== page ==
A TEAM of ‘mothbusters’ are being deployed at a rare 17th-century house after a plague of the insects threatened to harm a historic textile collection.
Carpets, curtains, sofas, and clothing at Newhailes House, near Musselburgh, will undergo a sub-zero treatment to freeze and destroy moth eggs and larvae.
Two 20ft long industrial freezers have been installed at the property and over the next two months, the entire textile collection will be frozen to rid the house of the insects.
Items will be wrapped in acid-free tissue paper, then covered in polythene before being placed in the freezers where temperatures will drop to -35C.
Staff will then use specialist back-mounted vacuum cleaners to reach every part of the house to clean away the moths.
Owned by The National Trust for Scotland (NTS), Newhailes House was once home to the influential Dalrymple dynasty for nearly 300 years.
The lawyers and politicians who were influential in circles in the 1700s gave the house its library, rococo interiors and collections of paintings, ceramics and furniture.
Staff at the property noticed a sharp rise in the ‘webbing clothes moth’ or common clothes moth in 2016.
They have been managing the problem with localised treatment and targeted deep cleaning.
But the moth number have continued to grow and now NTS say they will embark on the biggest project to tackle a pest problem it has ever undertaken.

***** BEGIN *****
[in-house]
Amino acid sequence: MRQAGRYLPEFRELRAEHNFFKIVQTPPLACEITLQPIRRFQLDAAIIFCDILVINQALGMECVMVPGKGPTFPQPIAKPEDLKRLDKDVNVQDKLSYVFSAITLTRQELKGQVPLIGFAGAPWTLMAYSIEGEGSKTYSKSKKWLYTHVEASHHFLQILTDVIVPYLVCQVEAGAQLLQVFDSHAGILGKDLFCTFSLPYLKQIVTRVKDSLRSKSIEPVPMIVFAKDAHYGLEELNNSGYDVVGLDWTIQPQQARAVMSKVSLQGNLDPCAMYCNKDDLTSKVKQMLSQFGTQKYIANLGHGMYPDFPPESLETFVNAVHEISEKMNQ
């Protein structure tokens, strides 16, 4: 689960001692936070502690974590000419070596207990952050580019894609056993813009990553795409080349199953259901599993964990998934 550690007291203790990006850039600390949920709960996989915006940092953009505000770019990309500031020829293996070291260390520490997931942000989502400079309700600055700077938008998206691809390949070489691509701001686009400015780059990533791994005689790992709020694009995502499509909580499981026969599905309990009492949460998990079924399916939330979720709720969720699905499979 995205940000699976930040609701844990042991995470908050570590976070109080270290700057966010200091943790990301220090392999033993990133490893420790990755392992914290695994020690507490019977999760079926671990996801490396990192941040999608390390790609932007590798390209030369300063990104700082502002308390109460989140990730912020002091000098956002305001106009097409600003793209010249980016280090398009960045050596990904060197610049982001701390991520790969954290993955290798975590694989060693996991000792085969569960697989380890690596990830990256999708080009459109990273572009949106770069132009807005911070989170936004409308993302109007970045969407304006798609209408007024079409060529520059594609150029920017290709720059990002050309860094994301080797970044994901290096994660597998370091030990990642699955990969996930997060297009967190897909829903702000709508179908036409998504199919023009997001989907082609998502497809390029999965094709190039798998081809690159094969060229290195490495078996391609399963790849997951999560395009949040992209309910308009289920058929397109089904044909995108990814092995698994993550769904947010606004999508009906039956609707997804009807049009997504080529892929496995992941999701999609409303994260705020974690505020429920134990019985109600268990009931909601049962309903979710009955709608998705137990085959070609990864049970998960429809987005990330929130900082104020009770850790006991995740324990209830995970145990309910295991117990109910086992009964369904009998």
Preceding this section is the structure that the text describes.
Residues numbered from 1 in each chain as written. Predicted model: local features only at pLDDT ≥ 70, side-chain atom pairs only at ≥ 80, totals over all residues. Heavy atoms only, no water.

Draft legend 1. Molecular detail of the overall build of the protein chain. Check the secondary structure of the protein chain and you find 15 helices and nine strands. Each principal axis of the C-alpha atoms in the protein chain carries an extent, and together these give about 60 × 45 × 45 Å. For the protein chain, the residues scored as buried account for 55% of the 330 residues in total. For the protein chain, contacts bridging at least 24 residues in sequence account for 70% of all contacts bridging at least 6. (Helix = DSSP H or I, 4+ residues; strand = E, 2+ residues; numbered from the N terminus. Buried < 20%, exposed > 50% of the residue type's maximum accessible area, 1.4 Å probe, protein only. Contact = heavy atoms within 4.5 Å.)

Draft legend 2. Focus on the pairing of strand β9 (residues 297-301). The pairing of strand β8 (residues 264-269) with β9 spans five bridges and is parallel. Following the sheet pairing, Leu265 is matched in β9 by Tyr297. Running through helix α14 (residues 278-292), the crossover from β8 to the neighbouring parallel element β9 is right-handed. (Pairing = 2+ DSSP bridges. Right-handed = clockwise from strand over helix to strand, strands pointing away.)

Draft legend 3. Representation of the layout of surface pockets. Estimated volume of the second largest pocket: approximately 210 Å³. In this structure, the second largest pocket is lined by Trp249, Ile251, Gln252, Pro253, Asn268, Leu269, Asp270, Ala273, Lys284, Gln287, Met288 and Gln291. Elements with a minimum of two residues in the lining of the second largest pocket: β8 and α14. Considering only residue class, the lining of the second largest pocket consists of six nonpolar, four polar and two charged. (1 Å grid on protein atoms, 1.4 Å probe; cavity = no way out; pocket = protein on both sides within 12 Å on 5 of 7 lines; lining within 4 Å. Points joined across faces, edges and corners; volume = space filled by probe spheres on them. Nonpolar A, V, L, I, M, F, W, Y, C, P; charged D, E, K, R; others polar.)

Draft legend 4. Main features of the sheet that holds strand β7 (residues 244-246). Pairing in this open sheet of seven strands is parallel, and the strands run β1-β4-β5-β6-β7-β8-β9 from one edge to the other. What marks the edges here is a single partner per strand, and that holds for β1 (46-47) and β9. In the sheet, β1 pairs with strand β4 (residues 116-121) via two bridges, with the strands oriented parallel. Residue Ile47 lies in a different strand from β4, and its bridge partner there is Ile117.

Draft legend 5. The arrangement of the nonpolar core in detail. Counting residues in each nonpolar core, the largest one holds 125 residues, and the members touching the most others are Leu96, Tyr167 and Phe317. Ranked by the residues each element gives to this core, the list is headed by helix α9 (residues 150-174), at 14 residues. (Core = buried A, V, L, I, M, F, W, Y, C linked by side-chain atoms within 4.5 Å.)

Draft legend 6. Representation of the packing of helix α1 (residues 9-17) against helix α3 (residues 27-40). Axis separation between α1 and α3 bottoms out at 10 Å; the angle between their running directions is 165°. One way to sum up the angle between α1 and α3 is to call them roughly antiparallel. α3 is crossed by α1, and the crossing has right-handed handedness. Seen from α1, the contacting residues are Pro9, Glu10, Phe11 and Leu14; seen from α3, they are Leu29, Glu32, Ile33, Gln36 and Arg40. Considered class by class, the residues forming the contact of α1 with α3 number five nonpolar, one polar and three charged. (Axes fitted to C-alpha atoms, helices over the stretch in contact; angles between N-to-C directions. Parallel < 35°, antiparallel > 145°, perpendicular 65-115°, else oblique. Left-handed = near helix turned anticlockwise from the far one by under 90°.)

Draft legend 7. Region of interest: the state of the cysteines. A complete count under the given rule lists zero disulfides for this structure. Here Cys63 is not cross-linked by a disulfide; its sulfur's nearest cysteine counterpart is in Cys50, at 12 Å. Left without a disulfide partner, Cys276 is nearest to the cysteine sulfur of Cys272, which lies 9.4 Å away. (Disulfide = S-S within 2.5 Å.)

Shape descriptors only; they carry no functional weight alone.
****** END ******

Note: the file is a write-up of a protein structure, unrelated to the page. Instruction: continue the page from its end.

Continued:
The charity has used freezers to destroy moths at other properties but on a small scale using chest-sized freezers.
The industrial freezers that are being deployed at Newhailes represent the organisation’s biggest ever attempt to keep moth numbers down.
Mel Houston, National Preventive Conservator at the National Trust for Scotland said: “This is the biggest project that the NTS has ever undertaken to tackle a pest problem like this and protect the important collections here at Newhailes.
“In the last year moth numbers at Newhailes have exploded and we’ve seen a four-fold increase in how many we’re finding.
“We’re lucky to have been able to catch the problem at just the right time; when we’re able to do something to control the moths before really serious damage is done.
“The deep freeze and deep clean gives us the confidence that we’re killing off as many moths as we can.
“We’ll never get rid of them completely but we’ll be able to get down to the level where they can be controlled.”
A team of mothbusting volunteers has been recruited to work with the trust’s collection and conservation team to undertake the low temperature treatment and cleaning.
Over the course of the project, the NST will be running tours so members of the public can learn about the damage that the insects have caused.
To learn more about the project, go to www.nts.org.uk/visit/events/conservation-tour-moth-project